That’s what the proposed amendment that went before voters in 2022 aimed to change. It called for an additional 4% income tax for millionaires on top of the state’s 5% flat tax. The proposal specified that revenue would go toward schools, public transportation, roads and bridges, more than 650 of which need repair. 

Labor, community and faith groups joined forces to support the ballot measure. Business interests and conservatives lined up in opposition.

The latter organized the Coalition to Stop the Tax Hike Amendment and raised more than $14 million to defeat it, with funders that included billionaires Jim Davis, the chairman of New Balance, and New England Patriots owner Robert Kraft, through his containerboard company. The Boston-based Pioneer Institute, a member of the State Policy Network, which advocates for tax cuts around the nation, wrote a book in opposition — “Back to Taxachusetts?

While the money flowing to national tax-cutting groups is substantial, supporters of the Massachusetts amendment outspent the opposition. They did it by raising more than $32 million as Fair Share Massachusetts, a large part from teachers’ unions and other worker-funded groups. 

The conservative State Policy Network and its affiliates know that unions can be a key counterweight to the struggle over taxes. The groups’ solution: Cut off their opponents’ funding at the source. 

In a 2016 fundraising letter reported on by The Guardian, the State Policy Network said that “freeing teachers and other government workers from coercive unionism” would mean “permanently depriving the Left from access to millions of dollars in dues.”

Two of the network’s partner organizations provided free legal representation in a lawsuit that produced the 2018 U.S. Supreme Court ruling weakening public unions’ ability to collect membership fees.    

But that didn’t stave off a big-money battle in Massachusetts. Once the ballot measure survived a trip to the state’s high court, the decision was up to voters. 

Both coalitions made their pitch as the November election loomed. 

The Stop the Tax Hike group argued that the measure would impose one of the largest tax increases in state history, that the revenue could be put toward spending beyond the intended purposes, and that the results would leave small business owners “reeling from an unprecedented new financial hit.”

The Fair Share group pointed to Massachusetts Budget and Policy Center data showing that the wealthiest residents paid an average of 6.8% of their income in state and local taxes, while everyone else paid an average of 8.9%. Changing that, the group said, “is how we build an economy that works for everyone.”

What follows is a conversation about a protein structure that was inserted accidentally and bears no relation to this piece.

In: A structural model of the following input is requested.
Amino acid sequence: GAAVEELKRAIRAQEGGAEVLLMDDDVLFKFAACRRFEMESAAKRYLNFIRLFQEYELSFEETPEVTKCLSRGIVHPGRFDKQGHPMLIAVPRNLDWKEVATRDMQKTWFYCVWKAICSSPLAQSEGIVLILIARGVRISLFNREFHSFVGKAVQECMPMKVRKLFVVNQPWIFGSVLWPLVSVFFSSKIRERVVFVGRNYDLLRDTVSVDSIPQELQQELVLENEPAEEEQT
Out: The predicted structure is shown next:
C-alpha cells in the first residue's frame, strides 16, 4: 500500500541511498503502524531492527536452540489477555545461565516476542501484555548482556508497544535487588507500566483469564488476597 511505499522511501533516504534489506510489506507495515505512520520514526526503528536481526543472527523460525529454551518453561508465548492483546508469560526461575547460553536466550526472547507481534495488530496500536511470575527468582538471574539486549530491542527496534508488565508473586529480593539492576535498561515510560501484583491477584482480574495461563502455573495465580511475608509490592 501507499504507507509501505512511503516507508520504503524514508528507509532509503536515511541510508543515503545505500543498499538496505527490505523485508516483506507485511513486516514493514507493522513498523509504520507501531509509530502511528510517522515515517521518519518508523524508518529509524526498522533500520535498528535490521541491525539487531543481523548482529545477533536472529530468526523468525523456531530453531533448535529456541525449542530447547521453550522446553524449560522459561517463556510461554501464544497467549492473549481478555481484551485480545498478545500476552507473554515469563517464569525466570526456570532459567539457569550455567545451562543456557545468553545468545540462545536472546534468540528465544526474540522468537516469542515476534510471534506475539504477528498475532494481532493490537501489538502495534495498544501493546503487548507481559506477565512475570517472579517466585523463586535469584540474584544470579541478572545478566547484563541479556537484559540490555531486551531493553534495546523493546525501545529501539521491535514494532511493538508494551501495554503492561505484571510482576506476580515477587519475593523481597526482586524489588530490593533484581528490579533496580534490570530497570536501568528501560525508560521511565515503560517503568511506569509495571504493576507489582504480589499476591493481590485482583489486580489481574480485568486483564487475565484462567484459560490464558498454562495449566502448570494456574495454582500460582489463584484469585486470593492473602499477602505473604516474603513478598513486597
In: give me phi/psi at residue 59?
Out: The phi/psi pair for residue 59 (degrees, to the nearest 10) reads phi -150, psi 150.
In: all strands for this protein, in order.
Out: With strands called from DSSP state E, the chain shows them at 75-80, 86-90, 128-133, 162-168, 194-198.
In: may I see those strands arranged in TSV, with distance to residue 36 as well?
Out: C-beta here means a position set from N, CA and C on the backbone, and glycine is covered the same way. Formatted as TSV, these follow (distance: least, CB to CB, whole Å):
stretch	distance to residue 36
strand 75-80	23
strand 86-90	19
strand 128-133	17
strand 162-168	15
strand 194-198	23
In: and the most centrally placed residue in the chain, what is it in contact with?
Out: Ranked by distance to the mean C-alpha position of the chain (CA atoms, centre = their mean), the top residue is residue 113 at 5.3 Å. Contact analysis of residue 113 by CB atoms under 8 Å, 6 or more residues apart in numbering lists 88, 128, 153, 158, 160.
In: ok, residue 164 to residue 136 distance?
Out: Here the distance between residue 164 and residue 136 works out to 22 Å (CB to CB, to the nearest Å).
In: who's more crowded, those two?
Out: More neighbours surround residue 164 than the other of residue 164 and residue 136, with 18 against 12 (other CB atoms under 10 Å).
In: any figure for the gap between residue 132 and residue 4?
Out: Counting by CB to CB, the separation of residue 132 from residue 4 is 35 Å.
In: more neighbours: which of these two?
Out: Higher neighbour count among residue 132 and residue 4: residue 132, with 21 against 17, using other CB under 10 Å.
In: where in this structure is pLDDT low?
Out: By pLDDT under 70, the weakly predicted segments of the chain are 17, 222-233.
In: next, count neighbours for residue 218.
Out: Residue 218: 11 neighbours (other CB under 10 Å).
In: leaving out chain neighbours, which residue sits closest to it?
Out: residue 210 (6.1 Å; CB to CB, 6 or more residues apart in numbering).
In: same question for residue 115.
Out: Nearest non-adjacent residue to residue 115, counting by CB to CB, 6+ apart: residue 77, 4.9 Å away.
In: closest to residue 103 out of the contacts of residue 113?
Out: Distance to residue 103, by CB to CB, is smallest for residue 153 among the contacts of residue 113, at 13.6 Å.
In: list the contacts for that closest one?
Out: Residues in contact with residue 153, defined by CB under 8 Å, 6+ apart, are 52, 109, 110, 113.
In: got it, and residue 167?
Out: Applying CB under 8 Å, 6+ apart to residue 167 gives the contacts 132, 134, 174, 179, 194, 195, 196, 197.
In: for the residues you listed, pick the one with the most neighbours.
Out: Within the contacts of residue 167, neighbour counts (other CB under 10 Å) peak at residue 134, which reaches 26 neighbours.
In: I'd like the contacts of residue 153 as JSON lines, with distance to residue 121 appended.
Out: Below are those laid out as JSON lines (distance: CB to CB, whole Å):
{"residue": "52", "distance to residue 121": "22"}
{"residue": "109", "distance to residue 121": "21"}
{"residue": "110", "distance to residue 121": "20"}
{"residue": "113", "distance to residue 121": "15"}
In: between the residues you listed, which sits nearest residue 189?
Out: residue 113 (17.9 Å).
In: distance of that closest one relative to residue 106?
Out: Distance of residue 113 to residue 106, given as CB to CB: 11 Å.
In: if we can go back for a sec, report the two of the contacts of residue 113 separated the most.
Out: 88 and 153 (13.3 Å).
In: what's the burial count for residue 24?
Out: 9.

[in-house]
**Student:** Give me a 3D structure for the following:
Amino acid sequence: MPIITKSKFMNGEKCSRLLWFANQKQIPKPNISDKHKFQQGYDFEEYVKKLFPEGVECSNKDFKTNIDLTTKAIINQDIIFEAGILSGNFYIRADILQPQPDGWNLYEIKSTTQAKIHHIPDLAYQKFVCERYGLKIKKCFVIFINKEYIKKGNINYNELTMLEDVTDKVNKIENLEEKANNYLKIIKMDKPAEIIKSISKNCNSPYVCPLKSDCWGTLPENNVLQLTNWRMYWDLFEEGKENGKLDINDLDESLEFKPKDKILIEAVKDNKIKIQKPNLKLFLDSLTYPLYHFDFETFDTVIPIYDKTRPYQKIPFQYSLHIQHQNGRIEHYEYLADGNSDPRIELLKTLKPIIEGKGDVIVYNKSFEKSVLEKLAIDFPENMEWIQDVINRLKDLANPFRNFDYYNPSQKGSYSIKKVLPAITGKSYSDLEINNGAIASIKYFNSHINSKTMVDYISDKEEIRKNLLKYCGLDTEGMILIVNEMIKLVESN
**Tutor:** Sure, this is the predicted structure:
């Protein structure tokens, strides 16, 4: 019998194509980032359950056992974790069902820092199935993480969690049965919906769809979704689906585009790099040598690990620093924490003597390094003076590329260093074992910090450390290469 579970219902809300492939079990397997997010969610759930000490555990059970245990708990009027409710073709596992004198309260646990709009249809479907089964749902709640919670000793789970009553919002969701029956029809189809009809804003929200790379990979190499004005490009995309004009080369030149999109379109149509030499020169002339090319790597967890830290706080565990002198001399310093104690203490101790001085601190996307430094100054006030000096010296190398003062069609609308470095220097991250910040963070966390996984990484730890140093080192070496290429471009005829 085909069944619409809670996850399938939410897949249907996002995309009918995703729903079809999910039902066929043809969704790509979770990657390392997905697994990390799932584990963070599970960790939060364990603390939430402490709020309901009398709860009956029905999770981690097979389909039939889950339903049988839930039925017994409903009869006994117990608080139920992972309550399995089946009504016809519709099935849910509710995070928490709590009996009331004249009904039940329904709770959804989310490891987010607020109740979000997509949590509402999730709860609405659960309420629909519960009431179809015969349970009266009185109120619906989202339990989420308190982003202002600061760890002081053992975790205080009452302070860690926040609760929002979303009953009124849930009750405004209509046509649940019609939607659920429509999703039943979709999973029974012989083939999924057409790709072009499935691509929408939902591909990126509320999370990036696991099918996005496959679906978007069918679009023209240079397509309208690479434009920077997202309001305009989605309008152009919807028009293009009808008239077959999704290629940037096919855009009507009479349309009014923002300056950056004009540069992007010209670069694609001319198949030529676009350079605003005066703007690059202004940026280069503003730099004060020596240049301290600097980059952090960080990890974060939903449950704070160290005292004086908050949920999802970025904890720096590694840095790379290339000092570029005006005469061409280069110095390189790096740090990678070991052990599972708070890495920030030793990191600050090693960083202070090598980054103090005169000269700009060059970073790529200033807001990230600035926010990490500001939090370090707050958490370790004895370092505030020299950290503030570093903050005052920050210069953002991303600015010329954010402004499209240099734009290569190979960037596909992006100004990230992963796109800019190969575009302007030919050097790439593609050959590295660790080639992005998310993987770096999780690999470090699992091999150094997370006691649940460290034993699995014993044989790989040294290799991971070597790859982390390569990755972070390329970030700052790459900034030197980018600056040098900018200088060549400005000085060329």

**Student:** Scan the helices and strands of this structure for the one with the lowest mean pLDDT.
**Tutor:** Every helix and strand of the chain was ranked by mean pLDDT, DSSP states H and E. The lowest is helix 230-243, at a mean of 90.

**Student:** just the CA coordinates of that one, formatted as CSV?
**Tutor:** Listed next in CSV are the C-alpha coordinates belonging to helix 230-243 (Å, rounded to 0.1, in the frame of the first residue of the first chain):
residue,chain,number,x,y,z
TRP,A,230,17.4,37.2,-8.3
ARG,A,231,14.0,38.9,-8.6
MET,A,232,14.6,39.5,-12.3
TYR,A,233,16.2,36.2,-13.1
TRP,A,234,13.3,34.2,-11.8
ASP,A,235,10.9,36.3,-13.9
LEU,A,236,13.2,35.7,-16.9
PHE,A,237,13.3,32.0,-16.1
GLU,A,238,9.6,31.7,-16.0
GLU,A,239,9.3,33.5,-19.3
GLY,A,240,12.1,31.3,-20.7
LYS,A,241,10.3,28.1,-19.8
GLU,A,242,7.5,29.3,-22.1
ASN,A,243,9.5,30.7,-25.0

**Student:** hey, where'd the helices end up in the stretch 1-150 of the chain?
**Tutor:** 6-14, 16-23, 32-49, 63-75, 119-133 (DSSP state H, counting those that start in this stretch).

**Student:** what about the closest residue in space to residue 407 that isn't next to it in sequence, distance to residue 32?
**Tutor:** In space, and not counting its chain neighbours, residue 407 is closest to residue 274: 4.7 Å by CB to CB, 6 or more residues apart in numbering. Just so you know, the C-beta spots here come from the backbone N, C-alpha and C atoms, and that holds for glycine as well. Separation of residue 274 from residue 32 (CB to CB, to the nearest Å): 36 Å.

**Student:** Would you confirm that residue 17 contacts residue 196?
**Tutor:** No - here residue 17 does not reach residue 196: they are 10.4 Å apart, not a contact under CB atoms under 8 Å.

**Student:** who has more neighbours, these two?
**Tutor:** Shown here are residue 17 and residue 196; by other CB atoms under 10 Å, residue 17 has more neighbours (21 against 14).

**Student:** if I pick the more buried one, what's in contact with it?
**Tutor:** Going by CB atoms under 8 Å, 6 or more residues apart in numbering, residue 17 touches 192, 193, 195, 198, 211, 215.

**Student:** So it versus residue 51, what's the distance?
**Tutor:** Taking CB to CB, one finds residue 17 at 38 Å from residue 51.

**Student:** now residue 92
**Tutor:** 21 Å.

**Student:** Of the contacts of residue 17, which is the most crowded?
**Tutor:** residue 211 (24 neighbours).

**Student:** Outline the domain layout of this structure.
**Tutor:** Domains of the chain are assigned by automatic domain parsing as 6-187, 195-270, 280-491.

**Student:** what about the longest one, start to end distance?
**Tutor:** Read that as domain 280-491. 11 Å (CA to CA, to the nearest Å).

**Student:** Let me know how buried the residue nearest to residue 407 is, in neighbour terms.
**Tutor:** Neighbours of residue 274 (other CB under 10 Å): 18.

“It became a pure tax justice argument,” said Phineas Baxandall, policy director of the Massachusetts Budget and Policy Center. “The richest need to pay their fair share.”

Voters approved the amendment, 52% to 48%.

The Pioneer Institute vowed to track the tax’s impact. State and national teachers’ unions “claimed that it would be a net benefit for the state. However, they ignore the negative impact on the overall economy while at the same time avoiding accountability when it comes to how those dollars are spent and whether or not we are doing a better job of educating our children,” Mary Connaughton, the group’s director of government transparency and chief operating officer, said in an email.

For Huelsman, Massachusetts demonstrated what’s possible. 

“They really put out the guiding light of an incredibly popular issue,” he said. 

The fight over taxes on the wealthy

Taxing wealthy people at higher rates than residents with less money isn’t a novel idea. That’s how the federal income tax is designed to work. But Congress has cut top tax rates in big ways over the past four decades, contributing to the growing gap between the rich and everyone else. 

And the U.S. doesn’t impose an annual tax on wealth, a person’s assets. A ProPublica investigation showed that loopholes in the system allow the country’s richest people to pay very low tax rates, when they owe anything at all.